Pampids. The standard accounts of language families classify the Quechua, Aymara, Puelche, Tehuelche, Yaghan and Akalakuf as subgroups of the Andean-Equatorial or Pueblo-Andean complex. This means that linguists and anthropologist do not distinguish two fraternal stocks of Ugrids and Uralids. They treat them as one united family although the Ugrids speak k-languages with k-plurals and exhibit the paternal haplotype Q, whereas the Uralids speak t-languages with t-plurals and display the paternal haplogroup N. They do not realise that the Tehuelche form an alternative Uraloid group of Pampids. Tehuelche people lived on raising and breeding llamas in the pampa grasslands of Argentine. They share several common traits with Andids such as pastoralism, brachycephaly exceeding the index of 83, tall statures spanning from 168 to 177 and leptorhiny between 67.0 and 71.9. However, they differ from Andids by living in the marquee tents called toldo. Their architectonic principles were reminiscent of mobile portable constructions of the Bedouins, Arabian camel-breeders and Tibetans. Where Andids continued the beehive tradition of cupolar cairns and tholoi, Tehuelche preferred marquee tents of irregular quadrangular shape. It hung on several projecting poles that supported the top in several elevated peaks. Moreover, they wore Siberian and Asiatic head-bands and broad-rimmed hats typical of Uralians, Sarmatians, Mongolians and Tibetans. Their close cognates are traceable also in the north of Latin America, although these relatives were contaminated by tribal practices of marital exogamy and now combine cattle-breeding with cultivating maize. Most of them belong to the Mura–Matanawi language family. Their arrival became visible by the spread of archaeological cultures with stemmed projectile points of Uruguay tradition. By about 11,000 BP, however, two lithic traditions were widespread. The Uruguay tradition, characterized by bifacial stemmed projectile points, was associated with open vegetation in the south; the Itaparica tradition, emphasizing well-formed unifacial artifacts, had dispersed over the eastern tropical parklands.1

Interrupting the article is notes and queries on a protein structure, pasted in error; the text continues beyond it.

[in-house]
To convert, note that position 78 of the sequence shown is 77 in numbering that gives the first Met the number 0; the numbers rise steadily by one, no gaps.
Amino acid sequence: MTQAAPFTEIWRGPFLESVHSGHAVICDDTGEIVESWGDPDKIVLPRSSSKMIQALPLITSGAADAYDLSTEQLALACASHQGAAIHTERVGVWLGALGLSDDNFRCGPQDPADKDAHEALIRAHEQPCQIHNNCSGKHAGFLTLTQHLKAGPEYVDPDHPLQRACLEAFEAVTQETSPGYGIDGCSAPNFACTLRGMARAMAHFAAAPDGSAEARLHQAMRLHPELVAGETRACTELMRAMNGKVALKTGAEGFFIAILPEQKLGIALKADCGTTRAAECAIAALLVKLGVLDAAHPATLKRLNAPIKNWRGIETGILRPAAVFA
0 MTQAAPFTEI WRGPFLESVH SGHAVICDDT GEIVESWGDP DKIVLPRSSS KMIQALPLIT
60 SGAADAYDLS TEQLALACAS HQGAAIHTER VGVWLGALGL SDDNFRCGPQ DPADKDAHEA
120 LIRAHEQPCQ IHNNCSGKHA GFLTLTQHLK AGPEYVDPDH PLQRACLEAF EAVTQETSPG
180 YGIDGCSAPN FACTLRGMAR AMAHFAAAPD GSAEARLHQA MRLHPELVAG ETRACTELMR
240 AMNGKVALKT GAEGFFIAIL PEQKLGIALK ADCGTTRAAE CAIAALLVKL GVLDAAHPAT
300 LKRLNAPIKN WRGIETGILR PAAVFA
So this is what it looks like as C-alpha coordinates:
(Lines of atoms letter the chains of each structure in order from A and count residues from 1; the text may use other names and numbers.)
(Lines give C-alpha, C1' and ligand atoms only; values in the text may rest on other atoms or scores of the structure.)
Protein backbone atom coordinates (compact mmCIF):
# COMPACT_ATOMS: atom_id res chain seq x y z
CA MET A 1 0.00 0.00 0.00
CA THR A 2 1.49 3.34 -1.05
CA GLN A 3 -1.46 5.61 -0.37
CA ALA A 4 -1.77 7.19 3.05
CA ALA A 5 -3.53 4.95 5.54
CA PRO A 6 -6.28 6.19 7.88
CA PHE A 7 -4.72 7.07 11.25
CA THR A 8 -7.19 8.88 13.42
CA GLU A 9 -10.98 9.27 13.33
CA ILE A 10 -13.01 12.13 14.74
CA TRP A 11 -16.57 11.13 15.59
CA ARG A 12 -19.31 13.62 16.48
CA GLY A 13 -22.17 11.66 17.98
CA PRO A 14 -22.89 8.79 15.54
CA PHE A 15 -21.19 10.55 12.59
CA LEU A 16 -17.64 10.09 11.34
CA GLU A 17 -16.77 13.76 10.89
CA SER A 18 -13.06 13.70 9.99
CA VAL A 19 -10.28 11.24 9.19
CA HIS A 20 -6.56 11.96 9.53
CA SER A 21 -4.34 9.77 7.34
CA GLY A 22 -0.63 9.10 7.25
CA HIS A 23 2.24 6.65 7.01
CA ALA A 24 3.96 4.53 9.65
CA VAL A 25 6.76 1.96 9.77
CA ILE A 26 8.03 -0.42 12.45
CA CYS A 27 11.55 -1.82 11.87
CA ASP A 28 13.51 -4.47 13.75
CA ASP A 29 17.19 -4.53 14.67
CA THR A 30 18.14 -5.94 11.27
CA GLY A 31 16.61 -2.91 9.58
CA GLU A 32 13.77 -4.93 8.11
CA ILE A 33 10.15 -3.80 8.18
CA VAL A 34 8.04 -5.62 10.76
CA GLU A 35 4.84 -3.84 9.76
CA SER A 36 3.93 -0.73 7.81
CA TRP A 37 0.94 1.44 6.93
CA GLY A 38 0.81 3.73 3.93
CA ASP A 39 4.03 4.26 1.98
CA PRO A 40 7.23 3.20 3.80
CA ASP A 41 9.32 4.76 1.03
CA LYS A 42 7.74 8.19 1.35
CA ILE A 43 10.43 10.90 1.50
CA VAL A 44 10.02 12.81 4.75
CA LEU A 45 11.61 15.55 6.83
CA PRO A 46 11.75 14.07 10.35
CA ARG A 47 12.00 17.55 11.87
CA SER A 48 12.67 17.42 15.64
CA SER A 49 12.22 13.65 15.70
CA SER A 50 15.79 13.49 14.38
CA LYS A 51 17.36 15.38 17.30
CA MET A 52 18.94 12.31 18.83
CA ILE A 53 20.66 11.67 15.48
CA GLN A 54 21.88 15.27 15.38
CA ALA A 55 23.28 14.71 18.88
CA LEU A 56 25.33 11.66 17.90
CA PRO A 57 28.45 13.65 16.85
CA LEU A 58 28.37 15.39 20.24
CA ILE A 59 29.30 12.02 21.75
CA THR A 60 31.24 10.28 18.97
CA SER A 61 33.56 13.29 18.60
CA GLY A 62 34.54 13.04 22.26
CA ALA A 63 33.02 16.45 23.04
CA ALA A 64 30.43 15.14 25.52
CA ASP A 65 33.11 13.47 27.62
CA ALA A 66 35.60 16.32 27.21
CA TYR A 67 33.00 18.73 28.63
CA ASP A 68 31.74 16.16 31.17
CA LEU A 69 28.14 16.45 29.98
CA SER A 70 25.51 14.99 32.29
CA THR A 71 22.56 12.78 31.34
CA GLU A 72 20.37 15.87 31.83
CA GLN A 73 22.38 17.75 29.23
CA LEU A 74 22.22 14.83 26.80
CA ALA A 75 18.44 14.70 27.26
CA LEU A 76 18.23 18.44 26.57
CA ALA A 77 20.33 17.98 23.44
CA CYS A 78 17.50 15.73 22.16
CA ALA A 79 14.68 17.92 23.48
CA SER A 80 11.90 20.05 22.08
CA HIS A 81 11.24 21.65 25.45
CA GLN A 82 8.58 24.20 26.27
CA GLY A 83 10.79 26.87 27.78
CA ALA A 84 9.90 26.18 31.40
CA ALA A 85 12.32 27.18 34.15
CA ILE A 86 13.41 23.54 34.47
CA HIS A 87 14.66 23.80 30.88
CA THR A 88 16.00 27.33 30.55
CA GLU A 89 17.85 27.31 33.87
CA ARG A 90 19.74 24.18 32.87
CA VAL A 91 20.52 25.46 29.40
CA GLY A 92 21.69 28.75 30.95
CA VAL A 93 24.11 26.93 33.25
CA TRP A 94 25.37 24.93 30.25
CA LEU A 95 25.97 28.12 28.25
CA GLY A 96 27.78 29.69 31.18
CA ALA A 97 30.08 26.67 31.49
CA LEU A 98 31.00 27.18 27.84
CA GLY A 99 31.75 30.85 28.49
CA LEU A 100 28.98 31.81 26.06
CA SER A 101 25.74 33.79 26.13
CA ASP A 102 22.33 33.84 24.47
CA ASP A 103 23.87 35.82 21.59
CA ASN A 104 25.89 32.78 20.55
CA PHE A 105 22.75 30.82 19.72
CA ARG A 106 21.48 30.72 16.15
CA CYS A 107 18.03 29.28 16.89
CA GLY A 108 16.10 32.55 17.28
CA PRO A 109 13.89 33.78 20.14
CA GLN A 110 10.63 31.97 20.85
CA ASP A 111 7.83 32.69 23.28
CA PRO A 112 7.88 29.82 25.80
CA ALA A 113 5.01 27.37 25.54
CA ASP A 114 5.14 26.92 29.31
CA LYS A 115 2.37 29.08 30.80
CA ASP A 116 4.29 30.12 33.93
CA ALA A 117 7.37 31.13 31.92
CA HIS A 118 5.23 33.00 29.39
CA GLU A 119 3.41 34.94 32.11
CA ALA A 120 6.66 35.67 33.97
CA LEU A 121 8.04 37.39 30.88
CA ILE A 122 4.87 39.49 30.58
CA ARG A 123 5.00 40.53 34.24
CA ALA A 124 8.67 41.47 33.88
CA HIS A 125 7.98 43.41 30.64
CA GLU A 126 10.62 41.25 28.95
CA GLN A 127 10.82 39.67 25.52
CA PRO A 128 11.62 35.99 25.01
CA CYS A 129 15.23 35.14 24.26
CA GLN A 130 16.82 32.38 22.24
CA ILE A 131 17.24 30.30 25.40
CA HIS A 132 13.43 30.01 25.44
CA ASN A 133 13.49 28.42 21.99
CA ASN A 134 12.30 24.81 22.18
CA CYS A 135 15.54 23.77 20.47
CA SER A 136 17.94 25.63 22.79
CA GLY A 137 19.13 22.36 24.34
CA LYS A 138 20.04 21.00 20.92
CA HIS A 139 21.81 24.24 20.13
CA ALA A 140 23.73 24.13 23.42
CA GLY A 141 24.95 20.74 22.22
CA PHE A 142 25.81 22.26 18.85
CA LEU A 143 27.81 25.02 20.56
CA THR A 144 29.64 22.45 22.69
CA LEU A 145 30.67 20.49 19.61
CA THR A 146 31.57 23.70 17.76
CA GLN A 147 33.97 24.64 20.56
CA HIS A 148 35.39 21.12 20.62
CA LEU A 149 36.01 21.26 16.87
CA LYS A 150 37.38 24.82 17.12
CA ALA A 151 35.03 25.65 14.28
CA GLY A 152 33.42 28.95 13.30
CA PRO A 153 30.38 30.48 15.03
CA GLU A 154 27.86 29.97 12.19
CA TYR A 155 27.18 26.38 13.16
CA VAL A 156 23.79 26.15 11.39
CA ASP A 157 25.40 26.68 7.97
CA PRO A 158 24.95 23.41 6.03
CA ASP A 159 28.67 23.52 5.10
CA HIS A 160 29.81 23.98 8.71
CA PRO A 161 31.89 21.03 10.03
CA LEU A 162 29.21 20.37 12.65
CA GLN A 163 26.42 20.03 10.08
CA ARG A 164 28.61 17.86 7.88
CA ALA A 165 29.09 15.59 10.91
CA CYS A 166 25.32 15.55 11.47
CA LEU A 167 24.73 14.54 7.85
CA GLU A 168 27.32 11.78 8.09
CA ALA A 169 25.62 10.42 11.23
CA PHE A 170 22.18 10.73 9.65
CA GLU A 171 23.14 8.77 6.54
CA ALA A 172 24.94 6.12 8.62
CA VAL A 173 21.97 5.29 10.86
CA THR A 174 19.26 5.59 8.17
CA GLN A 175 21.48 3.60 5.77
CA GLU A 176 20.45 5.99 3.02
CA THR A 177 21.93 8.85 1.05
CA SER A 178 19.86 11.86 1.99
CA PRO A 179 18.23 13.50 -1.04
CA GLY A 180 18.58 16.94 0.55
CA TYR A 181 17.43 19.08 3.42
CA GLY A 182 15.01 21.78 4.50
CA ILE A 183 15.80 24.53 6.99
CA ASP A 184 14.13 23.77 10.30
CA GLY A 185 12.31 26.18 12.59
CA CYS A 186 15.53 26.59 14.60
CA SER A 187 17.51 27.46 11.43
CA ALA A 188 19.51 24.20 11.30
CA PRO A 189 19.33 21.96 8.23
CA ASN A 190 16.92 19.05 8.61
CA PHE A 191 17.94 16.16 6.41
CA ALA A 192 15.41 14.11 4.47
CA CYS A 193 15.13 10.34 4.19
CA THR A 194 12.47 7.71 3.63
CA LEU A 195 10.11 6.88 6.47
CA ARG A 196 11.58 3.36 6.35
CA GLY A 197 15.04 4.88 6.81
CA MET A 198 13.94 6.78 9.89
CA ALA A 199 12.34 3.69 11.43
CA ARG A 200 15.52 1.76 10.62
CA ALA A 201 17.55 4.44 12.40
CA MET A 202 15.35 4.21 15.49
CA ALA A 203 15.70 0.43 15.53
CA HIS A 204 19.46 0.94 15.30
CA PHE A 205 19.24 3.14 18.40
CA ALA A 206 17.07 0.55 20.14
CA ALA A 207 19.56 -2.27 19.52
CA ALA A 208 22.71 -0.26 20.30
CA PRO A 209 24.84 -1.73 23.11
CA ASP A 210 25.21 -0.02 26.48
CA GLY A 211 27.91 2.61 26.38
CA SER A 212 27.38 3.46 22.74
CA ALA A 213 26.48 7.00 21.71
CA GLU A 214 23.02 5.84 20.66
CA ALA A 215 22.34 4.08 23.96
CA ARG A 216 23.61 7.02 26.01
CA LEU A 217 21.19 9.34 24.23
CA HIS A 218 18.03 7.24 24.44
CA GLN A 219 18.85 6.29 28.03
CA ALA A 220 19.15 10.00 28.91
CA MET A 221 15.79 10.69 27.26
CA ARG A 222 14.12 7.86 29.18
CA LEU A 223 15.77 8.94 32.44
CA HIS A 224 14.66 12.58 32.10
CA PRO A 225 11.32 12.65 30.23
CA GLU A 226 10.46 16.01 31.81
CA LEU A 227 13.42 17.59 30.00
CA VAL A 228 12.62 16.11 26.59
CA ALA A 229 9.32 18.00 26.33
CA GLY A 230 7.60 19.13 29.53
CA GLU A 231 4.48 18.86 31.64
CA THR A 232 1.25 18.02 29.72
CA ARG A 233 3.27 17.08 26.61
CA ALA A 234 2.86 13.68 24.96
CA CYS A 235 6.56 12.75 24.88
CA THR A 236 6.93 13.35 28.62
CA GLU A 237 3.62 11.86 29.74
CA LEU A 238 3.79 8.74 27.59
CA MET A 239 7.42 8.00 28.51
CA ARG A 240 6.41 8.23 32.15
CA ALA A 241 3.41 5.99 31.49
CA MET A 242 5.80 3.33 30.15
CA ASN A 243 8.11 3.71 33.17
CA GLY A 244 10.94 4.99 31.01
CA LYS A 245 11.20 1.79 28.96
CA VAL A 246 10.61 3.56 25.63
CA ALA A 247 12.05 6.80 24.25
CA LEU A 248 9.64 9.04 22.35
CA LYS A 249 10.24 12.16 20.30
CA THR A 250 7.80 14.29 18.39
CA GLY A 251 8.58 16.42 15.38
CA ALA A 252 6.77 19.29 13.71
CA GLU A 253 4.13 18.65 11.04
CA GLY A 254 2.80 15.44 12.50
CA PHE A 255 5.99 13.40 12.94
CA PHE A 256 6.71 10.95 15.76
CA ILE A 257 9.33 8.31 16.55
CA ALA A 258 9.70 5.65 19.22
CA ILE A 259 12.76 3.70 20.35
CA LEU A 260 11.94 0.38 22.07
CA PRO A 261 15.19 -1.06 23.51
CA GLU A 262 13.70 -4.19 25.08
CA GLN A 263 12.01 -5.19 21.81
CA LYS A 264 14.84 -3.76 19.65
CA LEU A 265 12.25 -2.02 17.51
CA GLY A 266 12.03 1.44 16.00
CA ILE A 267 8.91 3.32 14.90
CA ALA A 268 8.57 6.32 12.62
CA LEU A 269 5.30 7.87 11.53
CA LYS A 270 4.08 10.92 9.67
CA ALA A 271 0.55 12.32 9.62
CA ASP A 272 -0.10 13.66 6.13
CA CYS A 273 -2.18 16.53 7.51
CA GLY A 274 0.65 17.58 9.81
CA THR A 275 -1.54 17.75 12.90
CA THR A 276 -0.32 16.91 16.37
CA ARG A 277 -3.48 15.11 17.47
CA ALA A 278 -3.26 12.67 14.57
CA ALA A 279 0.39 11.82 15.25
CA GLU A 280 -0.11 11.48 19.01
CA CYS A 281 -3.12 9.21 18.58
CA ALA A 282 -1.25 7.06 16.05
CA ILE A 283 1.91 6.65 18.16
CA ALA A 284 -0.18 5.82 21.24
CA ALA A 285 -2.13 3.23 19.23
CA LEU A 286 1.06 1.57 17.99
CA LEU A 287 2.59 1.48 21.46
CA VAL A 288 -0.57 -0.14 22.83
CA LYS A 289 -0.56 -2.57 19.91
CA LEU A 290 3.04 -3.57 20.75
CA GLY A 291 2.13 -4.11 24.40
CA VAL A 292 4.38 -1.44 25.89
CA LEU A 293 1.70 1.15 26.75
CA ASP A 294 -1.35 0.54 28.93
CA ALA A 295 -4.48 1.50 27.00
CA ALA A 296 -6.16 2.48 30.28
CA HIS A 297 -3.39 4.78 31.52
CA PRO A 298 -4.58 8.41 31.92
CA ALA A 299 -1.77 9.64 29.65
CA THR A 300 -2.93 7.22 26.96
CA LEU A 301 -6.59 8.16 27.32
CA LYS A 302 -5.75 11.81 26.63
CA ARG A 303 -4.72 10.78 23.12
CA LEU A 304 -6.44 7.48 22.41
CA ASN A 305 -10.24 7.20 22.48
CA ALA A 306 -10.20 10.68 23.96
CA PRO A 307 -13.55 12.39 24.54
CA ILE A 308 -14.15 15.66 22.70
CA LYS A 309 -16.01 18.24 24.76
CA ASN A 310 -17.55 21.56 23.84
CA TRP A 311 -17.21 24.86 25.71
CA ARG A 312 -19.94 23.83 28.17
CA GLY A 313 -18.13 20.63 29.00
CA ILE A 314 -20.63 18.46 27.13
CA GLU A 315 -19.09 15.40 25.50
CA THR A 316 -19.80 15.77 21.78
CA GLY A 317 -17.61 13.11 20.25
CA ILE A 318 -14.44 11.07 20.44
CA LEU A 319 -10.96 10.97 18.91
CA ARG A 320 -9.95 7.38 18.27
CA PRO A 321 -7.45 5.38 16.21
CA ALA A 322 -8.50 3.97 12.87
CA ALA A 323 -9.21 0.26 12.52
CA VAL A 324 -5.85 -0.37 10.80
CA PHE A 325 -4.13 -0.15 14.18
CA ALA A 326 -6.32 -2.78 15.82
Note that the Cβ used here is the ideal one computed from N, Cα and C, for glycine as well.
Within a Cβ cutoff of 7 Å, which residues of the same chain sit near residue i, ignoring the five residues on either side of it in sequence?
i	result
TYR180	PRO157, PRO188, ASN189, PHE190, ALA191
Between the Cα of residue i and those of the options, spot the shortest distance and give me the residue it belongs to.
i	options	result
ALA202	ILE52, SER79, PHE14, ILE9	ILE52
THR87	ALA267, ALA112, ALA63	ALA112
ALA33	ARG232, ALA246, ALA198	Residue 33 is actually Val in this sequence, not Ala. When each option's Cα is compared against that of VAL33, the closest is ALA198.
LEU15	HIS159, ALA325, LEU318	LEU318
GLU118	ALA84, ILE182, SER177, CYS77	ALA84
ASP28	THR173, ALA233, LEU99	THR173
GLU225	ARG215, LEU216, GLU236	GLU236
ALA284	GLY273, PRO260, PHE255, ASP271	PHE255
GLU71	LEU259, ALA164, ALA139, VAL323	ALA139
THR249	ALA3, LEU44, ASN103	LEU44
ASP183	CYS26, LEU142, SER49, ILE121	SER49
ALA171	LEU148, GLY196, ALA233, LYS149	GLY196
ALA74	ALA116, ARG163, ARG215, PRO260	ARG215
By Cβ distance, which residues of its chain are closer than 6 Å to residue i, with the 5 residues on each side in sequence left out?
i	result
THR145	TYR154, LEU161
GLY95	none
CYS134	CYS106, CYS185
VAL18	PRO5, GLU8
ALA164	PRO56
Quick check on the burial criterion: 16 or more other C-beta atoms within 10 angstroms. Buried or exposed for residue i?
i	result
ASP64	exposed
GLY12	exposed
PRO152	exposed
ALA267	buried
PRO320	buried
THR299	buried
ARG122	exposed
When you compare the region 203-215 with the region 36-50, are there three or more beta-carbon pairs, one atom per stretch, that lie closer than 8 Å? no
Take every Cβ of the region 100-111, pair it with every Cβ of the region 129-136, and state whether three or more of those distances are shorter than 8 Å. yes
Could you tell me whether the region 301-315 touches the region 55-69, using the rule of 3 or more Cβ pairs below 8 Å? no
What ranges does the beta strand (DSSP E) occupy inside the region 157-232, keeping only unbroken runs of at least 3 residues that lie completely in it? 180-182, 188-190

Amero-Uralids. The only reasonable conclusion is that the advent of Pampids and Techuelche llama-herders to South America must be associated with the diffusion of Siberian stemmed points. They served as bifacial projectiles with a stem inserted into the wooden spear haft. These spearheads had sharpened edges and a sharp pointed tip. Archaeologists attribute their production to the Brazilian Uruguayan tradition famous for producing stemmed projectile points from stone flakes. They could be used also as knives, scrapers or picks. The alternative Itaparica tradition stemmed from different roots, it had to do with the lineage of Europoid Litteralids repressed by Lagids.